Welcome to our year-by-year breakdown of how to prepare for college applications! Our third post in this series is all about preparing for your Junior Year. Please note that this guide is a very generalized plan—use it as a starting point, and feel free to tailor it to your own situation. For more personalized tips and advice about applying, check out our virtual advising services!
Again, sign up for challenging courses and keep up your grades! You’ll probably have a ton of course options this year. Take difficult classes in your favorite areas to show rigor in your transcript, and make sure to stay on track with your graduation requirements.
Even if your freshman and sophomore grades weren’t the strongest, doing well with challenging courses in junior and senior year shows an upward trend and can impress admissions officers.
As per usual, keep up your extracurriculars and hobbies, and look into taking on leadership responsibilities.
Get to know your teachers well! You’ll have to ask at least two teachers for letters of recommendation, and the better they know you, the stronger your recommendations will be. Ask questions in class, visit them in tutorial, and put lots of effort into their classes overall. Some schools ask specifically for recommendations from one STEM teacher and one humanities teacher, so make sure to look into each college’s requirements.
People generally ask for letters of rec starting in March of junior year. The earlier you ask, the better!
Your teachers are not necessarily obligated to write you a letter. Ask them politely, and if they show any sign of doubt, it might be a good idea to ask another teacher instead. This will help you get the strongest, most positive letters possible.
Your recommenders will probably give you some sort of questionnaire, asking about you as a student and giving you a chance to reflect on your experiences in their class. Answer these questions as thoroughly as possible! Include really specific memories from the school year that showcase you in a positive light to help jog your teacher’s memory and help them write a strong letter.
You’ll also have to complete a survey for your advisor. This letter is different from your teacher recommendations, but still requires some work. You can also supplement this letter with “short forms” from coaches or other mentors in your life.
If you’ll be taking the SAT or ACT during junior year, make sure to register early in order to secure a spot at the nearest testing center (if you sign up too late, you might have to drive somewhere really far!). Keep taking practice tests and reviewing your answers in the weeks leading up to the exam.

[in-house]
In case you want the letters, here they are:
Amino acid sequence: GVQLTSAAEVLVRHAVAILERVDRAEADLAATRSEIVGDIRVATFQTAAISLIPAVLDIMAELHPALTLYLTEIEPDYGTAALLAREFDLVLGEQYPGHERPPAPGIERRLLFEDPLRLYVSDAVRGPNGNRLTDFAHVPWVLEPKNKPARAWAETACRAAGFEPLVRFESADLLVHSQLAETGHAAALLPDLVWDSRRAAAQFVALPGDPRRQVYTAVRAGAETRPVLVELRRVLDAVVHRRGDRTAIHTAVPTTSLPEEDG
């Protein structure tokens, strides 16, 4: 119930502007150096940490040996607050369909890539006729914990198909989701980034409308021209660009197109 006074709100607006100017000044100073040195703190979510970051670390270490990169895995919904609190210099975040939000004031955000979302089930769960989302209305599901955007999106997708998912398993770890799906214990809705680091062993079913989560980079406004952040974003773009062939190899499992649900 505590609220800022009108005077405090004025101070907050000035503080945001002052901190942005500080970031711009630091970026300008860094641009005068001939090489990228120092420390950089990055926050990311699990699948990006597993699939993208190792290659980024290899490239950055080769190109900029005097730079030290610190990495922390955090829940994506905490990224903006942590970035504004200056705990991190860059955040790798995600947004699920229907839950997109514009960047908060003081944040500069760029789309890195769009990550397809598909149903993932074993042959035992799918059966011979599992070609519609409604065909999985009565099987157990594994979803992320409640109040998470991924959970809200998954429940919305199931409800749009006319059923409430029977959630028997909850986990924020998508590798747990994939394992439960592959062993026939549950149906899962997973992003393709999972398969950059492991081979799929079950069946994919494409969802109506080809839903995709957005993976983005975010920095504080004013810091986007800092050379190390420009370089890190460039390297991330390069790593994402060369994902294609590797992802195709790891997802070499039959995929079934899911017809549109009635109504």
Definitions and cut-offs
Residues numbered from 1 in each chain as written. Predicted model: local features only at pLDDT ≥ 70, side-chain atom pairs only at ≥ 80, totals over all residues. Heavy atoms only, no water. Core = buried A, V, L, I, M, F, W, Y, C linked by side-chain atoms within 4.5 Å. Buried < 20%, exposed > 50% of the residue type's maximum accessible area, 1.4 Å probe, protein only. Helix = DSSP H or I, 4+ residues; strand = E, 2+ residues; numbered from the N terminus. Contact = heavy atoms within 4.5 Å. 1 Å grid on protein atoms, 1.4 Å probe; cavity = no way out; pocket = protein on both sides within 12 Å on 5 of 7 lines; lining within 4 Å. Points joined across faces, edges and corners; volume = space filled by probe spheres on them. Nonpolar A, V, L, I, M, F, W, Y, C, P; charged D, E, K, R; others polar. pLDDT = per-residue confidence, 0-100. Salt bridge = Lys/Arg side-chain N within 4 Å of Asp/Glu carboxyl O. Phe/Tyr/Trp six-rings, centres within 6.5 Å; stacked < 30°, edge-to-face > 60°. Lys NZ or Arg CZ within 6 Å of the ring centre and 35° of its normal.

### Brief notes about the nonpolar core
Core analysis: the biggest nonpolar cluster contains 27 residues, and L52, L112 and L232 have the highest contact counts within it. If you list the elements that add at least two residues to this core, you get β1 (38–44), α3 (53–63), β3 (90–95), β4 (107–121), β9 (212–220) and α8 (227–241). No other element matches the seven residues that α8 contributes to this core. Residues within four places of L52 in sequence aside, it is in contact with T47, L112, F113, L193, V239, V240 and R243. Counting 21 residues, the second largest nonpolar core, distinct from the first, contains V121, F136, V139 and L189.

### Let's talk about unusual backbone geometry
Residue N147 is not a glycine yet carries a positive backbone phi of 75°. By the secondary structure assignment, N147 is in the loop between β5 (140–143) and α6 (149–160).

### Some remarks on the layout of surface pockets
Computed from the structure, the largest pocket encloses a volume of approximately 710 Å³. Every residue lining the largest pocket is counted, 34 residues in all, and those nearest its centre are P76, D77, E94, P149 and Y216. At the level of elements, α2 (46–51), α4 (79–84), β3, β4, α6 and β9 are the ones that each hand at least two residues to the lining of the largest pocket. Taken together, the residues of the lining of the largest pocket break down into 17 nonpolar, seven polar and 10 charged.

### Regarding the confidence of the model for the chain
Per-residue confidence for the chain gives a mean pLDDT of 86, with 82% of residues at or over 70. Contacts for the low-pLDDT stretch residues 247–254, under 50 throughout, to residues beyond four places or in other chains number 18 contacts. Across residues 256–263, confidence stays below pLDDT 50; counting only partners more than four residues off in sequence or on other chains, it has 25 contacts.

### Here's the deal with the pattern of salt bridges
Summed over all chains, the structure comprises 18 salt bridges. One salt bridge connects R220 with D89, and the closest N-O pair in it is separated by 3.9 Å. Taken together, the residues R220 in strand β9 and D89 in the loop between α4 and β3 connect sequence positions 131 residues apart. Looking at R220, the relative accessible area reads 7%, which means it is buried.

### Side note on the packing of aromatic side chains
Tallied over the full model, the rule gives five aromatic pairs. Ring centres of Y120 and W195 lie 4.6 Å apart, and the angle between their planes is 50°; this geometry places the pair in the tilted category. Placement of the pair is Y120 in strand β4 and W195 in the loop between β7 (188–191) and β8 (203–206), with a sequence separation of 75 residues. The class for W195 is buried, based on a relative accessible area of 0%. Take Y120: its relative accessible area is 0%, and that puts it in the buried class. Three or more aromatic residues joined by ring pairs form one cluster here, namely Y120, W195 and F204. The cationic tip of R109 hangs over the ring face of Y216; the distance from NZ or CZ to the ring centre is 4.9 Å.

Start building your college list! Think about what kind of college you’d like to attend (Large or small school? Geographic location? Potential majors? Cost of attendance?) and start narrowing down schools that way. Your list will probably go through many stages of evolution so don’t worry about locking down anything quite yet.
Create a spreadsheet to keep track of information for each college!
Visit college campuses, if you can. If you’re thinking about applying ED to a school, you should definitely think about visiting, to make sure it’s the right choice for you. Alternatively, you can check out virtual tours online, or drive around local college campuses, like Santa Clara, Stanford, and San Jose State, to figure out what small, medium, and large-sized schools feel like.
Attend local college fairs and college representative presentations. You can also contact any alumni you might know.
Study for and take AP exams in May. Good scores impress admissions officers! Different classes in school prepare you to different extents, so figure out where you might need to fill in the gaps.
Consider registering for and taking SAT subject tests in June, right after the school year ends, so the content will still be fresh in your mind. Sometimes SAT subject tests feel way different than AP tests, so if you’re, say, signing up for the Bio SAT after taking AP Bio, still make sure to do some practice tests beforehand.
Once again, figure out how to fit some meaningful experiences into your summer. Dive into one or two of your interests on a deeper level, or take on a more time-consuming commitment like a job or an online course.
During the summer, get a head start on college essays!